A controversial Florida law that would have prohibited certain social media platforms from banning political candidates or “journalistic enterprises” from their services has been blocked, hours before it was set to take effect. The law, which was largely seen as a response to perceived censorship of conservative politicians and media, was the first of its kind to be signed.
“We’re pleased the court ensured that social media can remain family-friendly by delaying Florida’s law from taking effect on July 1,” Steve DelBianco, president of NetChoice, an industry group that was one of the plaintiffs suing to overturn the law, said in a statement. “This order protects private businesses against the state’s demand that social media carry user posts that are against their community standards.”
The law was proposed by Gov. Ron DeSantis in January, shortly after then-President Trump was banned or suspended from multiple social media platforms — most notably Twitter, Facebook, and YouTube — for encouraging the January 6 insurrection of the Capitol building. The law also came after years of unfounded complaints from conservatives that Big Tech companies unfairly moderate their speech, and after the failure of Trump’s own multi-pronged attack on Section 230, a federal law that allows online platforms to moderate user content how they see fit. Research, however, has shown that platforms do not discriminate against conservative content. If anything, they do the exact opposite.
The Stop Social Media Censorship Act easily passed Florida’s Republican-majority House and Senate. DeSantis signed it into law in May, a move he celebrated on the same social media platforms he claims are unfairly censoring conservative politicians and made such a law necessary.
Among other things, the law would have fined social media platforms $250,000 per day for banning candidates for statewide office, and $25,000 for candidates for lower offices, and allowed the state and individuals to sue platforms if they feel the law had been violated. Additionally, any content that was “by or about” a candidate could not be “shadow banned,” or hidden or suppressed from the view of other users. The law only applied to social media platforms that did business in the state (basically, had users in Florida) and had an annual revenue of $100 million or at least 100 million monthly active users globally. Platforms owned by a company that also owned a theme park in the state were exempt.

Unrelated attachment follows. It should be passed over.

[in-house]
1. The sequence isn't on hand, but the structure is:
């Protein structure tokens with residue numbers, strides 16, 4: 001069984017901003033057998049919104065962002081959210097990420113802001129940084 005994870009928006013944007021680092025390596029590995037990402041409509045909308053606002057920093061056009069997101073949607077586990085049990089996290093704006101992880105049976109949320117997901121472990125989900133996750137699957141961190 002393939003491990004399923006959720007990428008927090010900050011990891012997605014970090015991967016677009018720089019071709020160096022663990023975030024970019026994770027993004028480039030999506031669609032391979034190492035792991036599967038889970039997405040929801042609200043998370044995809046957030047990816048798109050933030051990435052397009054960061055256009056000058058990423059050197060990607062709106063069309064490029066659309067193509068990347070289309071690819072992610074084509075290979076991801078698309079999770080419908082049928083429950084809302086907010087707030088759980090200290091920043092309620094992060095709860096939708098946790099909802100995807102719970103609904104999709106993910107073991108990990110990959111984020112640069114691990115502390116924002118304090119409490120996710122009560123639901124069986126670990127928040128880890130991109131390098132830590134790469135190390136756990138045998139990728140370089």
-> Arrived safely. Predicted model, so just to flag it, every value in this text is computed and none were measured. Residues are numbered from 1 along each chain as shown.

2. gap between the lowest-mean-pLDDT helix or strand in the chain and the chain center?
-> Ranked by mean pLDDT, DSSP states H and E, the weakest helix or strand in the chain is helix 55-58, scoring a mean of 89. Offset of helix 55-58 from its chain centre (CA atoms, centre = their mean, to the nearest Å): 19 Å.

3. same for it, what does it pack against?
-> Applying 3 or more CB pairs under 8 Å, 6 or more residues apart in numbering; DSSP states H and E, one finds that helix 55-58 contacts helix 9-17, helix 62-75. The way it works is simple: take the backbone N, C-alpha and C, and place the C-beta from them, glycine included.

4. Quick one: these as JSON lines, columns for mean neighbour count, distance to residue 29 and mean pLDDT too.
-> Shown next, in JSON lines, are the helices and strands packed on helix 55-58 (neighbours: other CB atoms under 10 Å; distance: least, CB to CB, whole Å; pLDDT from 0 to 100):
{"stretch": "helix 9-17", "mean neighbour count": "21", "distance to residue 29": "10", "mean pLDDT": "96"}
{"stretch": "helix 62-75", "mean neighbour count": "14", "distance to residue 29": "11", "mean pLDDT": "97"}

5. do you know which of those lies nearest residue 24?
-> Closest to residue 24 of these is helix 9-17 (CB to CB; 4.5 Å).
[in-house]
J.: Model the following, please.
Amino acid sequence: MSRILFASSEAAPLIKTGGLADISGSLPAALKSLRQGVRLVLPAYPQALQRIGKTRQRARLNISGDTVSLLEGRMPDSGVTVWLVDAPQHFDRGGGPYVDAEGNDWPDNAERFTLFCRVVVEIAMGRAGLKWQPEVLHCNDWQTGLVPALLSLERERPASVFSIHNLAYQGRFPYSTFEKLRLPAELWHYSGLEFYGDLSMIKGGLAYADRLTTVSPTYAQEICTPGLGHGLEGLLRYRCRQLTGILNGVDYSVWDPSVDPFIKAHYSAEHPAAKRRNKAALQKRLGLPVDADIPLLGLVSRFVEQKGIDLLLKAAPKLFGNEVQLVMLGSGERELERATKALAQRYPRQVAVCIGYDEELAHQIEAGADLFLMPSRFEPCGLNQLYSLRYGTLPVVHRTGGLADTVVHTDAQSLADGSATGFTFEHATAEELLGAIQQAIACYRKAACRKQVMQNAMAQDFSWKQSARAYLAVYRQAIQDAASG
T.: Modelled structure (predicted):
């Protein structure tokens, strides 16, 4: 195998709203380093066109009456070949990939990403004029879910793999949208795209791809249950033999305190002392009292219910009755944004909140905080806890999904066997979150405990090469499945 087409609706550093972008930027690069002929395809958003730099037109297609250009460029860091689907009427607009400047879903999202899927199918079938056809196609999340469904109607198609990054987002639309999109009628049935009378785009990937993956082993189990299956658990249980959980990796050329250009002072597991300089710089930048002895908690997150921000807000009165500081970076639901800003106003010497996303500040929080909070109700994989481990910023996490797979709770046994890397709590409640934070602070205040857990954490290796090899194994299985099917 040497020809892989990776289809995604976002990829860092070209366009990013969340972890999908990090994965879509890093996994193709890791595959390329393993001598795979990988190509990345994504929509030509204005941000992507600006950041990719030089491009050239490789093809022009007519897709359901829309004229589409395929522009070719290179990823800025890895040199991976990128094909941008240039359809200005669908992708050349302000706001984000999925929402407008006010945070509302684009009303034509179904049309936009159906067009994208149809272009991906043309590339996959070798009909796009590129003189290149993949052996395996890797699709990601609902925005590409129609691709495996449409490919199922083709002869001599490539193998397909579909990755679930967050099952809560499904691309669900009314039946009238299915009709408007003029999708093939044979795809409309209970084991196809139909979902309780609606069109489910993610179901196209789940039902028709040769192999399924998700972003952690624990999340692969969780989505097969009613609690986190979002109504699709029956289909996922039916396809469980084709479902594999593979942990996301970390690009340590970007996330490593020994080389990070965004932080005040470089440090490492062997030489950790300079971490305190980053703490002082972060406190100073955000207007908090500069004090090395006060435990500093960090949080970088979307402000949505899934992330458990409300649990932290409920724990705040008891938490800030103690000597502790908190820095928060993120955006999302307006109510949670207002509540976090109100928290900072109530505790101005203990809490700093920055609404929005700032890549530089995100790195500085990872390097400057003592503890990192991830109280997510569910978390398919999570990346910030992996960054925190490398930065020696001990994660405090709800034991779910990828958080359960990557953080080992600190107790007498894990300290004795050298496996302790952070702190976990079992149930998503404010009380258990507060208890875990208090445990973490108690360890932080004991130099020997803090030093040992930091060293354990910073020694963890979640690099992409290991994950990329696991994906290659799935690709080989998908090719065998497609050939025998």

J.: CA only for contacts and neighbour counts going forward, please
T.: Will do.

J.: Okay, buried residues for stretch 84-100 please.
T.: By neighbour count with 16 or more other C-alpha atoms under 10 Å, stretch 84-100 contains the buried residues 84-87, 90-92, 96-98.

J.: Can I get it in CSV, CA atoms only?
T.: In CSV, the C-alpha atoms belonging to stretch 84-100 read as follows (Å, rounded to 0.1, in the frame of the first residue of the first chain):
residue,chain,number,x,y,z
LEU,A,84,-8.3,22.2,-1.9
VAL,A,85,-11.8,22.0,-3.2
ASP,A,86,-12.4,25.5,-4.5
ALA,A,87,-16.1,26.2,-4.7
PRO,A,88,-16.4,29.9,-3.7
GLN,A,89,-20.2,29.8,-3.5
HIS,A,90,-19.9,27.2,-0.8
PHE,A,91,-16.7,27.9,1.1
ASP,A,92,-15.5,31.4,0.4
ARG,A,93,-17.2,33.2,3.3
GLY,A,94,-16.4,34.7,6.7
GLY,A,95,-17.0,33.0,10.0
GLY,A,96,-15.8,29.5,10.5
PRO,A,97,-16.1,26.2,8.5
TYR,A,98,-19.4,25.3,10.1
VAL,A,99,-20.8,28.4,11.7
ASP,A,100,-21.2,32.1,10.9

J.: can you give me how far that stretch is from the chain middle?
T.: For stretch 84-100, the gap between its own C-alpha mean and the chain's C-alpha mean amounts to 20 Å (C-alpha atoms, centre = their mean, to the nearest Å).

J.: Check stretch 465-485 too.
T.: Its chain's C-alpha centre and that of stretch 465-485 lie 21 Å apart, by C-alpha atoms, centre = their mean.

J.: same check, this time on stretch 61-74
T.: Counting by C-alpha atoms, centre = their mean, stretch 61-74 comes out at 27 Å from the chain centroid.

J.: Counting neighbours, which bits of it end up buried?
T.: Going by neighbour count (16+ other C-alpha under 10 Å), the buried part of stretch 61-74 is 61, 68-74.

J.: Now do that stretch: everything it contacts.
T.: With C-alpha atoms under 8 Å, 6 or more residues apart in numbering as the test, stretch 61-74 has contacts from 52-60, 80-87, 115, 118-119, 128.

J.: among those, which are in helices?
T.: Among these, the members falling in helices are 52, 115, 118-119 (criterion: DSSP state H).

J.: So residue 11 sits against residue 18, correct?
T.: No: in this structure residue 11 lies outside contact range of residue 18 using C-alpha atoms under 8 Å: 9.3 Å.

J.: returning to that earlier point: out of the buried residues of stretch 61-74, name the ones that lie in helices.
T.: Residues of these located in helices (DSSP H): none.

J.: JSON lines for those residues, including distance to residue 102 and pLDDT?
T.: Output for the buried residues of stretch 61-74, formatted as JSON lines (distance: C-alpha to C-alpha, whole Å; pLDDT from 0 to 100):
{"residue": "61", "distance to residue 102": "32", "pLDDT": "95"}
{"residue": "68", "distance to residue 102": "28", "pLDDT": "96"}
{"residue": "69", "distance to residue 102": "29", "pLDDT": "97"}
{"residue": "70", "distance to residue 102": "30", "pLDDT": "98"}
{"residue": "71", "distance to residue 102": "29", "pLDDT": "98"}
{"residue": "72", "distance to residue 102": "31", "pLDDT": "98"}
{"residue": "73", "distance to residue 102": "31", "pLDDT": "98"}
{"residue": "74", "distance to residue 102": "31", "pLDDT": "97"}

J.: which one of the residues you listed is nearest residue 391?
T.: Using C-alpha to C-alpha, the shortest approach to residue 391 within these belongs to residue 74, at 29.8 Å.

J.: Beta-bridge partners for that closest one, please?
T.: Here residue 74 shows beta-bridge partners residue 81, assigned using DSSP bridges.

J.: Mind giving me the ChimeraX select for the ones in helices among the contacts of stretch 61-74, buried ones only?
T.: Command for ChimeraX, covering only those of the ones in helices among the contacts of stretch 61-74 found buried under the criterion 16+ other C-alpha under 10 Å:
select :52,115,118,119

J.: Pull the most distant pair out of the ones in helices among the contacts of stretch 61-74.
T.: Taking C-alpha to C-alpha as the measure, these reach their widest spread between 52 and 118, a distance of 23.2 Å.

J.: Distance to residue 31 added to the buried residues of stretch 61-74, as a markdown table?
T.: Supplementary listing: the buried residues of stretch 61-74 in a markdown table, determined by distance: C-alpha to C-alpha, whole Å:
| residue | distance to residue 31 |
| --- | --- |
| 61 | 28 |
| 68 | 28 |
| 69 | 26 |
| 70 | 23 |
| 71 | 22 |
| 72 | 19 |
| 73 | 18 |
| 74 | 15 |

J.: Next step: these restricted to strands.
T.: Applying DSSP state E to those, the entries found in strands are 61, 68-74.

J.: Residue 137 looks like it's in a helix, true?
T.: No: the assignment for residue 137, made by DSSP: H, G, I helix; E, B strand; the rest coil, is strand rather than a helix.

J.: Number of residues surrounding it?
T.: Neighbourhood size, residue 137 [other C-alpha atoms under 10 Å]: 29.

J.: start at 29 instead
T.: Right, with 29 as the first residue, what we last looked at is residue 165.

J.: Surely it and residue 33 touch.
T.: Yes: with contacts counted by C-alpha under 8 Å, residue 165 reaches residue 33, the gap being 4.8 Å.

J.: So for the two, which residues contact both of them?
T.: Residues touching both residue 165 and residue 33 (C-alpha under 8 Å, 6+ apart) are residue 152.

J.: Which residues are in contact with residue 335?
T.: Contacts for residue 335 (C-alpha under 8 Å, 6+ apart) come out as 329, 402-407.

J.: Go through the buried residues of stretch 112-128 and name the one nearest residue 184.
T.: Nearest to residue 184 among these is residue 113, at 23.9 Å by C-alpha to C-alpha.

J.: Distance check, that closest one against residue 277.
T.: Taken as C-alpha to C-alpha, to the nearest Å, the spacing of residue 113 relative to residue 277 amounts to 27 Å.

Many experts said from the start that the law was on shaky legal ground. Industry groups that represent the Big Tech companies affected — NetChoice and the Computer & Communications Industry Association (CCIA) — sued the state to overturn the law a few days after DeSantis signed it, claiming it violated those companies’ First and 14th Amendment rights and that content moderation was allowed under Section 230.
The plaintiffs requested a preliminary injunction preventing it from taking effect before a court could decide its constitutionality. Both sides argued their case in front of federal judge Robert Hinkle on June 28. Hinkle made little effort at the hearing to hide his disdain for the law, saying it was “poorly drafted” and questioning why it offered an exemption for companies that operated theme parks in Florida — a seemingly naked attempt to give the state’s biggest tourist attractions special treatment even though none of them own social media platforms that the law would apply to.
So it wasn’t much of a surprise when Hinkle granted the plaintiff’s request for a preliminary injunction, saying that the law was “an effort to rein in social media providers deemed too large and too liberal” and “not a legitimate government interest.” It was also discriminatory and potentially violated the First Amendment free speech rights of Big Tech platforms, as it did not apply to the smaller platforms or any platforms owned by a company with a theme park in Florida.
“Discrimination between speakers is often a tell for content discrimination,” Hinkle wrote. That is, a law supposedly designed to prevent content discrimination may itself be practicing content discrimination.
Finally, the judge said the law “expressly” violated Section 230, which allows for platforms to moderate content and says no state may make a law that is inconsistent with Section 230.
The plaintiffs were pleased with the decision.
“This decision upholding the Constitution and federal law is encouraging, and reaffirms what we have been saying: Florida’s statute is an extraordinary overreach, designed to penalize private businesses for their perceived lack of deference to the government’s political ideology,” CCIA President Matt Schruers said in a statement. “The court’s ruling is a win for internet users and the First Amendment.”
Their case will now make its way through the legal system, but social media companies won’t be beholden to it in the meantime — unless, of course, the injunction is successfully appealed by the state. The governor’s office told Recode that it plans to appeal “immediately” and was “disappointed” by the decision.
“As Judge Hinkle seemed to indicate during this week’s hearing on preliminary injunction, this case was always bound for the 11th Circuit and the appeals court will ultimately make its own decision on legal conclusions,” Christina Pushaw, DeSantis’s press secretary, said. “Governor DeSantis continues to fight for freedom of speech and against Big Tech’s discriminatory censorship.”
Regardless of what ultimately happens to DeSantis’s law, he got to take his shot at Big Tech and repeat unfounded claims popular with many in the Republican Party — and in the process, he gained political capital for his anticipated 2024 presidential run.